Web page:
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Question: What can you tell me about the three most common metals used in Britain, i.e. aluminium, copper and iron? How are each of these metals formed and what are their uses?  






1. Aluminium

(a) How formed (occurrence):

Aluminium is the most abundant metal in the earth's crust. Its compounds are found in clay and many rocks. Metallic aluminium has been in use for a little over a hundred years, despite there being so much of it. Its discovery took a long time because it is always found combined with something else. Aluminium silicate is a common form, as are silicates of aluminium mixed with other metals, such as calcium, iron, magnesium, potassium or sodium. Extracting the aluminium is not worth the cost as these silicate ores are of no use.
Aluminium is commercially extracted from an ore called bauxite, which is aluminium oxide. It is extracted from the bauxite in a process called the Hall-Heroult Process, where an electric current is passed through aluminium oxide or alumina (bauxite with the impurities removed) which has been dissolved in melted cryolite. This liquid conducts electricity and passing a current through it allows aluminium to be deposited at the cathode (negative terminal) of the cell. The aluminium is about 99.5% pure.

(b) Uses:

Aluminium is a good conductor of heat and because of this has been used widely in cookery. It is second only to copper as a conductor of electricity, but is much lighter and so many electric power lines use aluminium wires particularly for high voltage transmission (over 700 000 volts).
Aluminium foil is in widespread use in the kitchen and as an insulator in homes. It is used in bottles and cans, which raises the issue of aluminium recycling.
Because aluminium is light and strong it is used in the construction industry and low temperature nuclear reactors as it absorbs relatively few neutrons. It is corrosion resistant and has boat and marine applications.
When mixed with other metals e.g. magnesium, to form an alloy it can be used in planes and trains.

2. Copper

(a) How formed (occurrence):

Native copper is still found in many parts of the world, in particular Michigan, U.S.A. It is extracted from mines, some of which are around 1.6 km deep. When it comes from the mines it contains various rock substances. These are removed by crushing with hardened steel weights. The native copper is gathered by washing away the lighter earth particles with a fast flowing stream of water. This is known as concentrating as it increases the amount of copper in the ore. This ore is now mixed with coke and limestone and in a blast furnace process the molten copper is left at the bottom of the furnace in a pool. This is then refined further by a process of electrolysis so the copper can be used commercially.
In addition to native copper, there are other ores such as chalcocite, chalcopyrite, cuprite. Copper is extracted from chalcocite (a sulphide ore) by a method called the oil-flotation process. In this, pulverised ore, water and low grade oil are mixed in large tanks. Air is blown through the tanks and froth collects on the top. Copper sulphide particles stick to the froth and heavy rock sinks to the bottom. This copper sulphide ore is heated in air and most converted to copper oxide. Heating the ore with limestone then removes the silica as slag which floats on top of the molten copper oxide-sulphide mixture. Air is blown through the molten mixture in a furnace and the copper oxide reacts with the copper sulphide to form metallic copper and sulphur dioxide gas. To remove impurities the copper is further refined by electrolysis and is then about 99% pure.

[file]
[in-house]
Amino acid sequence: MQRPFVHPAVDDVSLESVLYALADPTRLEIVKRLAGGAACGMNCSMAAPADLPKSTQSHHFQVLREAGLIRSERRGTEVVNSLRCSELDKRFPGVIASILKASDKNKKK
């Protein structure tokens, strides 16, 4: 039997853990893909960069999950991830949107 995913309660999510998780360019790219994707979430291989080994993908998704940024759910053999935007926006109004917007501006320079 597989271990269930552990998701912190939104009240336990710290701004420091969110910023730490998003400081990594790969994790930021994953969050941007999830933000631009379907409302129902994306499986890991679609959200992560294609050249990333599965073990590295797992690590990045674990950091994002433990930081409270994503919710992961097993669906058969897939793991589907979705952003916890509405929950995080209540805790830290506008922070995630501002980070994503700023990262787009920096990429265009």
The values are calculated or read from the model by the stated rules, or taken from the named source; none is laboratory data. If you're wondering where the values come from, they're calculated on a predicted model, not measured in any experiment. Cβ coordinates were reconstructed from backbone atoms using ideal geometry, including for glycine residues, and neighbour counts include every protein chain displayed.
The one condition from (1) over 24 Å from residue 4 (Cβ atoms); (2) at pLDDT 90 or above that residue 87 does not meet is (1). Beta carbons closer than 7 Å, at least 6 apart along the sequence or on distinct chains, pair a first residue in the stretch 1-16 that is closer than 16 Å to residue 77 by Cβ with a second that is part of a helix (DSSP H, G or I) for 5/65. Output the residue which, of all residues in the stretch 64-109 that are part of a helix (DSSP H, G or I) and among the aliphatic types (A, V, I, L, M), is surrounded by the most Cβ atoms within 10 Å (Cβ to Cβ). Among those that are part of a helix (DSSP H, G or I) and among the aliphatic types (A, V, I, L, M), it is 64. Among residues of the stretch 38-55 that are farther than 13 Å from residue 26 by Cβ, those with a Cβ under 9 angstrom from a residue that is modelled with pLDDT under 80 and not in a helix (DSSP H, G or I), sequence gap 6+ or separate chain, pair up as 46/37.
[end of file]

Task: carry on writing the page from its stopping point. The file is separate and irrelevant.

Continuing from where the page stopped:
(b) Uses:

Copper has been used since prehistoric times for coins, ornaments and cooking utensils. It was also used to cover the bottom of wooden ships as protection. Alloyed with tin, it makes bronze which is stronger than pure copper and could be used as a cutting tool as in the bronze age. Brass which includes zinc is another hard alloy of copper.
Copper is easily bent and stretched and has good corrosion resistance and is a good conductor of electricity. Because of this it is used mainly in the electricity industry in outdoor power lines and cables, house, generators, electro-magnets and various communications devices. Some roofs have been made of copper as have many water pipes.

3. Iron

(a) How formed (occurrence):

Greenland is one of the few places where iron is found in the free state. It is found as an alloy with nickel in meteorites. Iron is mainly found as an ore and ranks second to aluminium in its total abundance. The most common iron ore is hematite which is reddish brown in colour. Less important ores are limonite, magnetite and siderite. Iron pyrites sometimes called " fool's gold" is a sulphide of iron which can be used in the production of sulphuric acid. Supplies of iron ores are essential as iron is used to make steel.
hematite is converted to pig iron in a blast furnace by using coke and calcium carbonate.

(b) Uses:

Iron is the most common and most useful of all metals. It is highly magnetic and is the basis of steel, an alloy with carbon and other elements. A great deal of iron is also used as wrought iron and cast iron. Iron is also used for producing galvanised sheet metal and electro-magnets.
Iron is an essential part of haemoglobin. This is the molecule in red blood cells responsible for carrying oxygen to all parts of the body. Where a person is short of iron they are anaemic and iron compounds are used as treatment. Iron is also used in tonics. 



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